‘A Man Called Ove’

A_Man_Called_Ove.pngSome 85 films were submitted for consideration for the 2017 best foreign language Oscar. Sweden’s entry, A Man Called Ove, made the final shortlist of five before losing out to Iran’s The Salesman. The other 80 must have been appalling if the Hannes Holm-helmed dramedy was seen as one of the best of the year (Julieta, Elle, Neruda, My Life as a Zucchini are just a few that failed to make that final five).

Lonely, grumpy widower Rolf Lassgard (After the Wedding, The Hunters) learns to smile again after a new family moves into the neighbourhood. Off-kilter humour early on gives way to crowd pleasing tosh, resulting in disjointed comedic sentimentality. Deeply unimpressed.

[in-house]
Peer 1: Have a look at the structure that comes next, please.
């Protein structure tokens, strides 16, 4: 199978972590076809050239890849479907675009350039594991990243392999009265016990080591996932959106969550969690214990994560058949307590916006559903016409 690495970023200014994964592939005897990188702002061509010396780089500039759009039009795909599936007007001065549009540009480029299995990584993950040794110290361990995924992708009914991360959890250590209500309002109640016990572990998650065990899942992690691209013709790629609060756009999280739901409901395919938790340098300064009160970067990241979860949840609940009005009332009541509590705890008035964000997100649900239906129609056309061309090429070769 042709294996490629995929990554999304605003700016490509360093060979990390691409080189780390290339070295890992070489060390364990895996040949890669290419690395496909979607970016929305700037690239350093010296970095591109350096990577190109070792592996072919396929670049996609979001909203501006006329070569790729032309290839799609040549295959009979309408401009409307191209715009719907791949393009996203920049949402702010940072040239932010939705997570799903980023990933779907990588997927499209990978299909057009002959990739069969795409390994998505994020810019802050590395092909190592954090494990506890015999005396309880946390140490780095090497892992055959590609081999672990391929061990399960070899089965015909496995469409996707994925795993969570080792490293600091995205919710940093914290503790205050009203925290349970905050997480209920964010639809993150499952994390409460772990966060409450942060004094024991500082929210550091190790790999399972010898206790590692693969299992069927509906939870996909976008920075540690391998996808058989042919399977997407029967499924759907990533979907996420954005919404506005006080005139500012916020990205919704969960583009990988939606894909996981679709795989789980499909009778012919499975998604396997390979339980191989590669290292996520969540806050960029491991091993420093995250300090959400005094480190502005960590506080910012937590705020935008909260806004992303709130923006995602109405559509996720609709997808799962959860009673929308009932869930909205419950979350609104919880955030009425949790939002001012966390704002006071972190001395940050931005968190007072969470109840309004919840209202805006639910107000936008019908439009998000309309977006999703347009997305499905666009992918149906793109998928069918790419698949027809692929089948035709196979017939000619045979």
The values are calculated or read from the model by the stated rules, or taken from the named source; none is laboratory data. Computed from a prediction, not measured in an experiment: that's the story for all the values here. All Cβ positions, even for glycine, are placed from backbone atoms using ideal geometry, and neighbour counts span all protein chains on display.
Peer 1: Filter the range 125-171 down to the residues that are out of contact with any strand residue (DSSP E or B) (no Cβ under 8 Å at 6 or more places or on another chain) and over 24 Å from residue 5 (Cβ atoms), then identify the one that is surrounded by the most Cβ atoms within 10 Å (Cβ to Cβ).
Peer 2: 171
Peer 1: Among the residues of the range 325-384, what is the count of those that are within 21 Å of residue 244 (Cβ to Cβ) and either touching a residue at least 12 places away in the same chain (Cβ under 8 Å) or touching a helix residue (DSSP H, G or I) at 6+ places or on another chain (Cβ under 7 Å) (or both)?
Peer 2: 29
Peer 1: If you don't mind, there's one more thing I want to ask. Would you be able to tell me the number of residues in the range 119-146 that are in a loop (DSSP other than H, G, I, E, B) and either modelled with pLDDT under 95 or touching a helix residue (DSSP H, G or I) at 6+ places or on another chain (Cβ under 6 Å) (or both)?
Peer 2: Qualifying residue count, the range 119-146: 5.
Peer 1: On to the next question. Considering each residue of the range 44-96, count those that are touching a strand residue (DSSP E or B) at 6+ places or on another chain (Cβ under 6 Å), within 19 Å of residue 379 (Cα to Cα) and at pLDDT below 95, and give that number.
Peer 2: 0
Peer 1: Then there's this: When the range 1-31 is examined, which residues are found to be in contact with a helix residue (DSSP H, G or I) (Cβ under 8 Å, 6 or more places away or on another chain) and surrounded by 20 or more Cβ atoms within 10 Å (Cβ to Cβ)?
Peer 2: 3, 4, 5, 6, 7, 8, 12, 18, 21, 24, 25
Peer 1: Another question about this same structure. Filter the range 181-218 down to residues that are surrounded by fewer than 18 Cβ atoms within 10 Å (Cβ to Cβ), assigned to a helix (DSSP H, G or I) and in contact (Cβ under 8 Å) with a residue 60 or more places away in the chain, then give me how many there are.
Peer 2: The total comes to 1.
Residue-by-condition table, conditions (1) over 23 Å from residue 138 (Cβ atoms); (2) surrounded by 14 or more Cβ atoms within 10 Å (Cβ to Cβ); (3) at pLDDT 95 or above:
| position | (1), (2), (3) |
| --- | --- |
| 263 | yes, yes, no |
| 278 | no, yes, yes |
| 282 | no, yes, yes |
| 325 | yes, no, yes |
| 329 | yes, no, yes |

Rating: 31%

 

‘T2: Trainspotting’

Trainspotting2_TSR_A4posterImmensely entertaining sequel – 20 years in the waiting – to the iconic Trainspotting.

Renton (Ewan McGregor – Star Wars, Moulin Rouge) is back having nicked £16,000 drugs money from his best mates at the end of the original. Sickboy (Jonny Lee Miller – TV’s Elementary) and Ewen Bremner (Snowpiercer, Exodus) are angry – but get over it. But not Begbie (Robert Carlyle – The Full Monty, 28 Weeks Later). Unfortunately for Renton, the psychotic killer has a long memory – and just happens to have escaped from prison.

Stylish, thrilling, funny, sad, with director Danny Boyle (Slumdog Millionaire, 127 Hours) returning to the highs and lows of the first, injecting an inevitable maturity but without, sensibly, trying to compete or emulate that earlier achievement.